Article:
RTÉ and Ryan have not revealed any more details of how they will be staging their performance.
Ryan also auditioned for Britain’s Got Talent with his own song No Name.
The Eurovision Song Contest semi-finals take place in Lisbon, Portugal on Tuesday May 8 and Thursday May 10t with the grand final taking place on Saturday May 12.
Back to the suture: Grey’s Anatomy makes history
US medical drama Grey’s Anatomy has become the longest-running primetime drama in ABC history following the announcement that the network has renewed the show for a 15th season.
Only seven dramas in the history of television have had more seasons.
Speaking at the announcement of the news Channing Dungey, President of ABC Entertainment, said, “Grey’s Anatomy has a special place in my heart and millions of viewers feel the same way.
Grey to go!
“Thanks to fiercely loyal fans who have been on this journey since the beginning, and new generations of viewers who continue to discover the joy and drama of Grey Sloan Memorial, the show is as strong as ever.”
The 14th season of the show, which has aired on RTÉ television since its first season, was ABC’s No. 1 drama among Adults 18-49, ranking among the Top 5 broadcast series on TV, and is tied with ABC’s The Good Doctor as the No. 2 broadcast drama.
The Golden Globe and Emmy winning drama follows Meredith Grey (Ellen Pompeo) and the team of doctors at Grey Sloan Memorial, who are faced with life-or-death decisions on a daily basis.
BBC: Sir Cliff coverage was in ‘public interest’
By Russell Hope, News Reporter
A senior BBC journalist has told a High Court judge that the corporation had a public interest responsibility to cover a police search of Sir Cliff Richard’s home.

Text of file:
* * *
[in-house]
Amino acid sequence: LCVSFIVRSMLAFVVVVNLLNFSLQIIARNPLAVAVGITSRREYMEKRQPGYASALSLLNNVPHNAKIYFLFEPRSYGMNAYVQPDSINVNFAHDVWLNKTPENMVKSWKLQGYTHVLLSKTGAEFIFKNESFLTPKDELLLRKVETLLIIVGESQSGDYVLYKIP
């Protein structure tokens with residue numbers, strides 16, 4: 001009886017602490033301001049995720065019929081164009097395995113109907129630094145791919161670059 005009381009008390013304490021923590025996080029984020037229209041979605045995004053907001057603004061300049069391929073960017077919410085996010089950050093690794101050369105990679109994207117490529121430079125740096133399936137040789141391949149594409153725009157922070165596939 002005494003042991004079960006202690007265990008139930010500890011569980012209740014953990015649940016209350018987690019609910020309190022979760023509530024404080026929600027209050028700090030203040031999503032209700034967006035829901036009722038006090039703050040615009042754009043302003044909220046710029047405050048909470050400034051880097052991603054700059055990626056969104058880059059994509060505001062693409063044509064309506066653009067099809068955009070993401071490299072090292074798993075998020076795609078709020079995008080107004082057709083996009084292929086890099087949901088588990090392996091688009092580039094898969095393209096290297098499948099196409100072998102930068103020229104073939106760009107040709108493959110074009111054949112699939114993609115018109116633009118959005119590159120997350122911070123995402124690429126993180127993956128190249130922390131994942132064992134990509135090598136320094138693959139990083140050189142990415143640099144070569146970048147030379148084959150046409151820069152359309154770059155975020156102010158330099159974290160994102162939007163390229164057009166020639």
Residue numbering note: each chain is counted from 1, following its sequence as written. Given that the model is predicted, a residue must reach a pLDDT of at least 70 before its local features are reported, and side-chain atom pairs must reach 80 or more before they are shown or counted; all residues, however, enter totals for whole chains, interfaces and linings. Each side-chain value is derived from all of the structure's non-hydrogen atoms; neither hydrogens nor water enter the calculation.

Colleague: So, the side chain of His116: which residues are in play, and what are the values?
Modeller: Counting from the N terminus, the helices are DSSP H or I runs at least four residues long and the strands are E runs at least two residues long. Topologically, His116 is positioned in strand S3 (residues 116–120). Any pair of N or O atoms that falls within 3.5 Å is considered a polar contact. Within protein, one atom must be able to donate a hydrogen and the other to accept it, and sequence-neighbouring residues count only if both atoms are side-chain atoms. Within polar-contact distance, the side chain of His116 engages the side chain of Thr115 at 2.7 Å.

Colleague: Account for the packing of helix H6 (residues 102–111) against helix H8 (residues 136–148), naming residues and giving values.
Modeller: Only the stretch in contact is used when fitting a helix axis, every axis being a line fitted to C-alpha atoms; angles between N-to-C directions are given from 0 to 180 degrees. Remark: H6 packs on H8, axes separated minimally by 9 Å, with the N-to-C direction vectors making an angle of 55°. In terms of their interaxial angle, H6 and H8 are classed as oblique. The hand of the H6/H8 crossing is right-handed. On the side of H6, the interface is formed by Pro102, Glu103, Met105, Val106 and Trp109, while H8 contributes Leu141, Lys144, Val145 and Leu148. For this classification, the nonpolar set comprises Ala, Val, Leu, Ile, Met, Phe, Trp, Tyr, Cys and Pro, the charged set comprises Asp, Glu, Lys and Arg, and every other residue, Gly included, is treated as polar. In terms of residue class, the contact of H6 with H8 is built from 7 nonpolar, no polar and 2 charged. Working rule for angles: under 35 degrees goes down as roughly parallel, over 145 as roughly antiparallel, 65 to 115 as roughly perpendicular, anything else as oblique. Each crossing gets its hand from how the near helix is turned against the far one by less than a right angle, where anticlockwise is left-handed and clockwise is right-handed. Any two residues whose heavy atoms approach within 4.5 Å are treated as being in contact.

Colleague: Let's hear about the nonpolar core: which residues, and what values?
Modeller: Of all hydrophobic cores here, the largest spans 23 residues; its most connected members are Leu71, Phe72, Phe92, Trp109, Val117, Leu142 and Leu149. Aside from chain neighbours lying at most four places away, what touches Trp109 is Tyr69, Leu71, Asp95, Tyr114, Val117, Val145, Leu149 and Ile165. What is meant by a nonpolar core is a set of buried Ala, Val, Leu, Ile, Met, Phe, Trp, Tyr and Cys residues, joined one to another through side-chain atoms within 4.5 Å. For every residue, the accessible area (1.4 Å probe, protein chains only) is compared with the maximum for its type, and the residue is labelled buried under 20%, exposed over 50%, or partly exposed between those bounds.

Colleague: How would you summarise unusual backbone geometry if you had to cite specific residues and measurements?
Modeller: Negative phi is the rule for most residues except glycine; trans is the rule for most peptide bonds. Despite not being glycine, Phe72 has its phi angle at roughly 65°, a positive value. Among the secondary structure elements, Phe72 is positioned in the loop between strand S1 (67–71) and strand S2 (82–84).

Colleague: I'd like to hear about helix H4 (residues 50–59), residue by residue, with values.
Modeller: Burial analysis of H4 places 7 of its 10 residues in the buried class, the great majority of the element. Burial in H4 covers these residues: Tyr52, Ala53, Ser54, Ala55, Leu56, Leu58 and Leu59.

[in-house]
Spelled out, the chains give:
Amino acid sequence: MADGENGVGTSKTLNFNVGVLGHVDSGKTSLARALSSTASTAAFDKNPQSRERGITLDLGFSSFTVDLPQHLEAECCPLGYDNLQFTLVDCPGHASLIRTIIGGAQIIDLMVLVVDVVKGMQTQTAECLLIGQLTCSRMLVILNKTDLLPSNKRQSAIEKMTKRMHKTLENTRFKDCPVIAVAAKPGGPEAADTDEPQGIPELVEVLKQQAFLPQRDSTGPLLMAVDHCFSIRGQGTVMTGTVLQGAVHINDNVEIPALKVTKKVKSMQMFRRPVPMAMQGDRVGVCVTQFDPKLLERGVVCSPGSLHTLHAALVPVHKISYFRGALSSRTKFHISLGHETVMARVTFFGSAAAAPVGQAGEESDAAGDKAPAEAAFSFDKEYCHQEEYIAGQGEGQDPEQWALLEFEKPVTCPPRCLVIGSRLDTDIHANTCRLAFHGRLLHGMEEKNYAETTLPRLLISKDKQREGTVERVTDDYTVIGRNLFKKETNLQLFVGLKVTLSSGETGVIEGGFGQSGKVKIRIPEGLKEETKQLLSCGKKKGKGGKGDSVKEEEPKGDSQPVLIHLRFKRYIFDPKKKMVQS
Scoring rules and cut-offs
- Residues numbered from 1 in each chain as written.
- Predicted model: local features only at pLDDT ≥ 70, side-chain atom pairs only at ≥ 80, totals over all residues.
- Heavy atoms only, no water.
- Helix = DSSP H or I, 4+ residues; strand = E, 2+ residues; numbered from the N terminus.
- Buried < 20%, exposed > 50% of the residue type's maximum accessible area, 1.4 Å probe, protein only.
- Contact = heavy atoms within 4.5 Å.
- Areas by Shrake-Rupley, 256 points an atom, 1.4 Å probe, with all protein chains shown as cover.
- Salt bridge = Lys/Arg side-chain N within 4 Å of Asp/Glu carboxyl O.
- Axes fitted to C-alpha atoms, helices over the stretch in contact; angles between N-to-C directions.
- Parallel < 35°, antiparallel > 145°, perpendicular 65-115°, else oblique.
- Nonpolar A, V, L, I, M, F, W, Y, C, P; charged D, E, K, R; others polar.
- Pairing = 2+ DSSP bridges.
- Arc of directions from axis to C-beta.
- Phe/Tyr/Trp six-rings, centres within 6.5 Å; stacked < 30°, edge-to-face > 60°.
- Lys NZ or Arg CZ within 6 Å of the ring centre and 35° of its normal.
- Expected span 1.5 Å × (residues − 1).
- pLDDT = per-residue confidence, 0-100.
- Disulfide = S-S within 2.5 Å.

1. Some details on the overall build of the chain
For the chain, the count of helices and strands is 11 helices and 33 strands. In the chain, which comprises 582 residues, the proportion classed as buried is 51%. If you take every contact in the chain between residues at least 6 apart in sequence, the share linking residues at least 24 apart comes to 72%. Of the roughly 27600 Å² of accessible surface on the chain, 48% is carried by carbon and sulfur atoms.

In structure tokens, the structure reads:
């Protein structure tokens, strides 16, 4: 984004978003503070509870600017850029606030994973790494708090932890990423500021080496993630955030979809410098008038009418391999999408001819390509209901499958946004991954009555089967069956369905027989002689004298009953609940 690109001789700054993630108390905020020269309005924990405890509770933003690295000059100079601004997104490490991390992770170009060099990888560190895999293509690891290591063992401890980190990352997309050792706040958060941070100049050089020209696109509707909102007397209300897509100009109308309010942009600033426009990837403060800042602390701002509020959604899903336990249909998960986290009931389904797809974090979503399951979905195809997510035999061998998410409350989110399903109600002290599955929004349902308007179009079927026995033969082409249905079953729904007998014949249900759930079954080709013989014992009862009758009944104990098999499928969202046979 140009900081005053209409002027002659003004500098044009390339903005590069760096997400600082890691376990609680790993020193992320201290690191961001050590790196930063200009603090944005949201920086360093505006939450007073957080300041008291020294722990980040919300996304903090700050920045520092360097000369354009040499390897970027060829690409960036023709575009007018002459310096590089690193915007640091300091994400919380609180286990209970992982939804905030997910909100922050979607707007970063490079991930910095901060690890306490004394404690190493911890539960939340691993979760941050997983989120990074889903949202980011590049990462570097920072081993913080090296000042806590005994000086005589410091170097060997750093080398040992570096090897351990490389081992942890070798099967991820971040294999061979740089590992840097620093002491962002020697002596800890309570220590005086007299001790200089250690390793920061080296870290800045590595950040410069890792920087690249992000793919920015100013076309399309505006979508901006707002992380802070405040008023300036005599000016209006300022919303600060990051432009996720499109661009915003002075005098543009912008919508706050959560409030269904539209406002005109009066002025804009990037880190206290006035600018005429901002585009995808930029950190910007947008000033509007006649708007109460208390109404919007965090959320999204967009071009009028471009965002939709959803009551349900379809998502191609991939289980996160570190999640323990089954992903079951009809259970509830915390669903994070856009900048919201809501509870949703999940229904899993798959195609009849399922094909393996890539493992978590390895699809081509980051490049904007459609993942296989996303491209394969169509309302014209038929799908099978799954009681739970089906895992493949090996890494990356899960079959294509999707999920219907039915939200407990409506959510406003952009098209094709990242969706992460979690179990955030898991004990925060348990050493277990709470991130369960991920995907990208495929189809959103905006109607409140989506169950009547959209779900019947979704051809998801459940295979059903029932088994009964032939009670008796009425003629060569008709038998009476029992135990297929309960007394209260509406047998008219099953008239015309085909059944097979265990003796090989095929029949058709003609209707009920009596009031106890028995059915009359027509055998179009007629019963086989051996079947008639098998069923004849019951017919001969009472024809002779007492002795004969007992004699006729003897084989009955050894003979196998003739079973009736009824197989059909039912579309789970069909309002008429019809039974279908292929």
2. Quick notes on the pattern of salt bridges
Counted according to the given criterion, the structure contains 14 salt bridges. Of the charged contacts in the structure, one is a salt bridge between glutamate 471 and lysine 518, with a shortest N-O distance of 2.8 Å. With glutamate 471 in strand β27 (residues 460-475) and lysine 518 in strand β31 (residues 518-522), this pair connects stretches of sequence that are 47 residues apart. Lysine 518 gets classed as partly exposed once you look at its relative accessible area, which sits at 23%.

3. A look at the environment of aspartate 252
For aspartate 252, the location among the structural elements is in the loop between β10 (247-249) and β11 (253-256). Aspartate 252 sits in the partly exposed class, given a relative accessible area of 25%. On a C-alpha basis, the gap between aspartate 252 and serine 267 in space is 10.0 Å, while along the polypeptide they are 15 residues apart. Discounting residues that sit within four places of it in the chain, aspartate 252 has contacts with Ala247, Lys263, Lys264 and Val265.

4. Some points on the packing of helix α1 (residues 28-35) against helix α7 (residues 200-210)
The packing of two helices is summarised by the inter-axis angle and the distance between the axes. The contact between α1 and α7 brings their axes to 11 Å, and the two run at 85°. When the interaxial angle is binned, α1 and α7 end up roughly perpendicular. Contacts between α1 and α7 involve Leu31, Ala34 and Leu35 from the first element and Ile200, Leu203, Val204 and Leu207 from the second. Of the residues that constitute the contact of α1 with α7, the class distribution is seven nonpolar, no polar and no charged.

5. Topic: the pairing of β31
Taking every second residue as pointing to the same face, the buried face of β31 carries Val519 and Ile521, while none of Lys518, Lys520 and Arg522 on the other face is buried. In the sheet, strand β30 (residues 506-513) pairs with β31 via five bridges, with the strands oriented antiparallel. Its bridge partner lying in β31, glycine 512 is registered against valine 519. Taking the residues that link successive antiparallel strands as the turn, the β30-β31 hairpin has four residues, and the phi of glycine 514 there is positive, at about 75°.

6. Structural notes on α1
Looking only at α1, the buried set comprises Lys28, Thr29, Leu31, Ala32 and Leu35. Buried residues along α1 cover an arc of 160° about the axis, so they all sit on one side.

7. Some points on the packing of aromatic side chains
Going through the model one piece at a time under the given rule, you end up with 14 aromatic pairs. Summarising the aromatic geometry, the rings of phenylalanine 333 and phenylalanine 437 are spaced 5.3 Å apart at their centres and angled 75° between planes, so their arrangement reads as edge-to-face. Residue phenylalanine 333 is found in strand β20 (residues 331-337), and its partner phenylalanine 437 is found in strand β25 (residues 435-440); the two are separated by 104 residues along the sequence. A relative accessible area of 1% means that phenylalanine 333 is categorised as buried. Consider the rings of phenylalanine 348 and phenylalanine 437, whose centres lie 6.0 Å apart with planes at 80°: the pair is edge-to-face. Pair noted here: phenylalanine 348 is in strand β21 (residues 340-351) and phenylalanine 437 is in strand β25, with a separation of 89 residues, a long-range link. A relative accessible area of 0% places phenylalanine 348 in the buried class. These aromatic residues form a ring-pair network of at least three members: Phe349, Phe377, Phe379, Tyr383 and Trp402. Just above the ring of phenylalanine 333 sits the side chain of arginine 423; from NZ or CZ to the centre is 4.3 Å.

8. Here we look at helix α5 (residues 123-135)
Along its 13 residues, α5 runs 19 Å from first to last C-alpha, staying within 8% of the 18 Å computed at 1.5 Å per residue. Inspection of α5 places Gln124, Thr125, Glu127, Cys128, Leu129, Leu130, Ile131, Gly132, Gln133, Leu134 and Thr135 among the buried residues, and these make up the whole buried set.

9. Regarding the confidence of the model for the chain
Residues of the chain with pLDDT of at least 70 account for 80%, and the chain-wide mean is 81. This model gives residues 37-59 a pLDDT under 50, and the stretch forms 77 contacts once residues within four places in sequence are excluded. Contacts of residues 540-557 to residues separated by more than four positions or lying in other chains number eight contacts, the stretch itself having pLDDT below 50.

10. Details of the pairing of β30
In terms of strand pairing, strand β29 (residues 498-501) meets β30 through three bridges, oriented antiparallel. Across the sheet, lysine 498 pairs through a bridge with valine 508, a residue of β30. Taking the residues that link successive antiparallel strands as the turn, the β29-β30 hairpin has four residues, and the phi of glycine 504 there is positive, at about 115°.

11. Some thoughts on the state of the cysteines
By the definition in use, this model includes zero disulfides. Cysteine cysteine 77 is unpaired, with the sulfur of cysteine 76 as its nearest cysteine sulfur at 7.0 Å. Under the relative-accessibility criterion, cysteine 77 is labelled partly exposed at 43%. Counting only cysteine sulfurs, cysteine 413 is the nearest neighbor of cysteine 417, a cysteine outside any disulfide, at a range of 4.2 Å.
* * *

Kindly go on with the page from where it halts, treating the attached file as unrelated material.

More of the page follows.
Fran Unsworth, the BBC’s director of news and current affairs, authorised the coverage of the South Yorkshire Police search of the singer’s apartment in Sunningdale, Berkshire in August 2014.
Ms Unsworth told Mr Justice Mann that, while she knew the story would cause “distress” to Sir Cliff, it was “in the public interest” and said: “That remains my view.”
She said: “I took the view, and still do, that we had a responsibility in the public interest to report this whilst still being sensitive to the position of Sir Cliff.
“The BBC has publicly said it is very sorry that Sir Cliff suffered distress and that remains the position,” she added.
Asked whether helicopter footage showing the inside of Sir Cliff’s home was intrusive and akin to “spying”, Ms Unsworth said that Sir Cliff was not in the property and that “shots were of policemen and quite blurred”.
“I reject the term spying because we weren’t spying,” she said. “Spying is something done surreptitiously and there is nothing surreptitious about a helicopter.”
She said when she saw the footage after it had been broadcast it did not strike her as “particularly intrusive”.
In a witness statement, the former chief constable of South Yorkshire Police said he had found BBC footage of the raid “intrusive”.
David Crompton, who was head of the force at the time, said: “I had thought that there may be some limited footage of my officers going into Sir Cliff Richard’s property.
“What I saw was much more extensive and I thought it was intrusive.”
Sir Cliff, 77, has said the coverage “smeared” his name and is suing the corporation, demanding damages at the “top end” of the scale.
:: Sir Cliff Richard vs BBC – the day in court
The BBC disputes his claim that its coverage was a “very serious invasion” of his privacy.
Ms Unsworth said: “The BBC reported the police search of Sir Cliff’s apartment and its investigation in a factually accurate manner and reported the early status of the investigation.”
South Yorkshire Police were investigating an historic sexual assault allegation against Sir Cliff, who was not arrested or charged as the result of the inquiry.
“The BBC’s reporting prominently featured Sir Cliff’s full denial of the allegations as soon as the denial had been issued,” Ms Unsworth said.
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She admitted she was influenced by other similar cases, such as those of Jimmy Savile and Rolf Harris, and argued that, if the BBC had not reported on South Yorkshire Police’s action, it might have been accused of ignoring a public interest story because the subject was a famous celebrity.
Ms Unsworth said it was the first time the BBC had named an individual before arrest in connection with a minor, but added that “we understood he would have been arrested if at the property”.